jueves, 13 de enero de 2011

When words matter

Thomas H. Huxley, English biologist, one of the fathers of the modern science and great defender of Charles Darwin’s Theory of Evolution, once said: “A world of facts lies outside and beyond the world of words”… his public debate with Samuel Wilberforce in 1860, bishop in the Church of England, was a key moment of the global acceptance of the Evolution Theory and opened the door to a new step in human knowledge.

When he pronounced this famous quote his was not thinking in European Union, he was not thinking in REACH Regulation nor in law… but the sentence fits like a glove with an issue that we have been arguing about last weeks.

Let’s quote REACH Regulation:


1.3. Company/undertaking identification

Identify the person responsible for placing the substance or preparation on the market within the Community, whether it is the manufacturer, importer or distributor. Give the full address and telephone number of this person as well as the e-mail address of the competent person responsible for the Safety Data Sheet.

In fact, we didn’t place much attention on this particular paragraph. We have always understood that Safety Data Sheets (SDS) and labels of chemical products must present the identification of the person (in most of cases “legal person”) responsible of placing on the market of the substance or mixture.

It is remarkable the difference showed by REACH in this paragraph when referred to “person responsible”, that must be fully identified and “competent person responsible for the SDS”, role that only a “natural person” is able to take on.

This difference is also visible in Spanish translation (“Se identificará al responsable de la comercialización” vs “la persona competente responsable de las FDS"), in French (“Identification du responsable de la mise sur le marché de la substance” vs. “la personne chargée de la fiche de données de sécurité”) and in German (Zu nennen ist die Person, […] für das Inverkehrbringen […] verantwortlich ist“ vs „sachkundigen Person, die für das Sicherheitsdatenblatt zuständig ist“).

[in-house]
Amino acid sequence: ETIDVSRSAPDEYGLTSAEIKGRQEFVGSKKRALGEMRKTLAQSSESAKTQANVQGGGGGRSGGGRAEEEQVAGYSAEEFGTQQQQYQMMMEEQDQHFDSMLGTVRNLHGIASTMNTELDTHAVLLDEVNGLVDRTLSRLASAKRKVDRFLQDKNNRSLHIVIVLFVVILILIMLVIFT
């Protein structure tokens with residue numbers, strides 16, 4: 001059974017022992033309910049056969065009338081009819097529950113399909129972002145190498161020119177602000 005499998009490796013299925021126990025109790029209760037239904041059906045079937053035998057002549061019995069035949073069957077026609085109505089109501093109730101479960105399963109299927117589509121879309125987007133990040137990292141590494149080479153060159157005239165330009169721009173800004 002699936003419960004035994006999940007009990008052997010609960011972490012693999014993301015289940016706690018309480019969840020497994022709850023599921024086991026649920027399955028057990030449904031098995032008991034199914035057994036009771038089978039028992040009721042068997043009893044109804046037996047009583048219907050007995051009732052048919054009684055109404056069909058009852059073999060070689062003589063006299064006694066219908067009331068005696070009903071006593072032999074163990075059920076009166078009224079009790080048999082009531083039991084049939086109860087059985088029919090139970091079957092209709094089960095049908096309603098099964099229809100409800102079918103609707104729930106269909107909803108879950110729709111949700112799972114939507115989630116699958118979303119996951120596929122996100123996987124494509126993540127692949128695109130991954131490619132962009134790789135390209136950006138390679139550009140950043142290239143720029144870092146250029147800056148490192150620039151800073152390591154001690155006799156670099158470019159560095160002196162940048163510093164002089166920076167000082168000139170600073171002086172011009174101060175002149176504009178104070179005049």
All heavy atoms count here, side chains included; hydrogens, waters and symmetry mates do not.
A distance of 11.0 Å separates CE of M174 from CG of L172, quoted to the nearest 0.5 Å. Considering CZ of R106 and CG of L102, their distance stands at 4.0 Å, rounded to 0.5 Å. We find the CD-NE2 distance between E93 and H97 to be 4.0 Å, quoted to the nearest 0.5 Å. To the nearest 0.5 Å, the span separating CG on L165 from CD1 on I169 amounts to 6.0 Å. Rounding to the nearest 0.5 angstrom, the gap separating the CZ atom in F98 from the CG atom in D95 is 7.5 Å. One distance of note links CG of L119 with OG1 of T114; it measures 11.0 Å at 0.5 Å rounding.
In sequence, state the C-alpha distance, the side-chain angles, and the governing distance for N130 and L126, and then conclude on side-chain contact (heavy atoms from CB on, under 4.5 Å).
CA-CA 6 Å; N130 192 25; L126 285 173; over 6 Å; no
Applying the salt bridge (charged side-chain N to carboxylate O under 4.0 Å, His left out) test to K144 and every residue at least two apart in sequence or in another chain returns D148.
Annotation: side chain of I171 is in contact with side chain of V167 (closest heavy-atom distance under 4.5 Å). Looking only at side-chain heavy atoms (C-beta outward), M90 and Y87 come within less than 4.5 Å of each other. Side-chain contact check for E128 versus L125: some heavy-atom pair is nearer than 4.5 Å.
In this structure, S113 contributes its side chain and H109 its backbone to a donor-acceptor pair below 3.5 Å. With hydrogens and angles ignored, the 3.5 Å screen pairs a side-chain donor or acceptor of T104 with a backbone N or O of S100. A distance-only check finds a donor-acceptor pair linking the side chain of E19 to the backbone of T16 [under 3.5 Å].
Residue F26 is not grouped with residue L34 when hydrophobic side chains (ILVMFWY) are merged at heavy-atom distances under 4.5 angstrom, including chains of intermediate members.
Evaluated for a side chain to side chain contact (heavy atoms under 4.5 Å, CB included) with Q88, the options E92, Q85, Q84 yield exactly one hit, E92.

At this point, things were, more or less, quite clear.

When producer and responsible of placing on the market of a chemical product is the same person the question becomes irrelevant. But when it is placing on the market through distributors, things turned a little bit more complex.

We have seen chains of distribution where labels and SDS are not replaced and clients have full knowledge of the original producer of chemical products. In this cases, original producer is liable of the information content on labels an SDS, and will have to confront tort or any other way of assume liability in case of accident derived of mistakes or lacks of information.

In other chains of distribution, there are intermediate packers: companies buying chemical products in big amounts and re-pack then in smaller sized containers. A typical business is buying complete tankers of 32.000 litres and selling IBCs of 1 tonne. In this kind of distribution procedure, “re-packer” uses to change labels and SDS taking over liability and becoming “the person responsible for placing on the market”.

Another variation of this chain is when, for commercial reasons, distributors want to keep on secret to his clients who is the true producer of the chemical product although he merely replace labels and SDS in the own container of the original producer, he not even open the container. This kind of behavior is very common in markets like washing products for hospitality sector, bars, restaurants and hotels. Distributors become likewise responsible of placing on the market.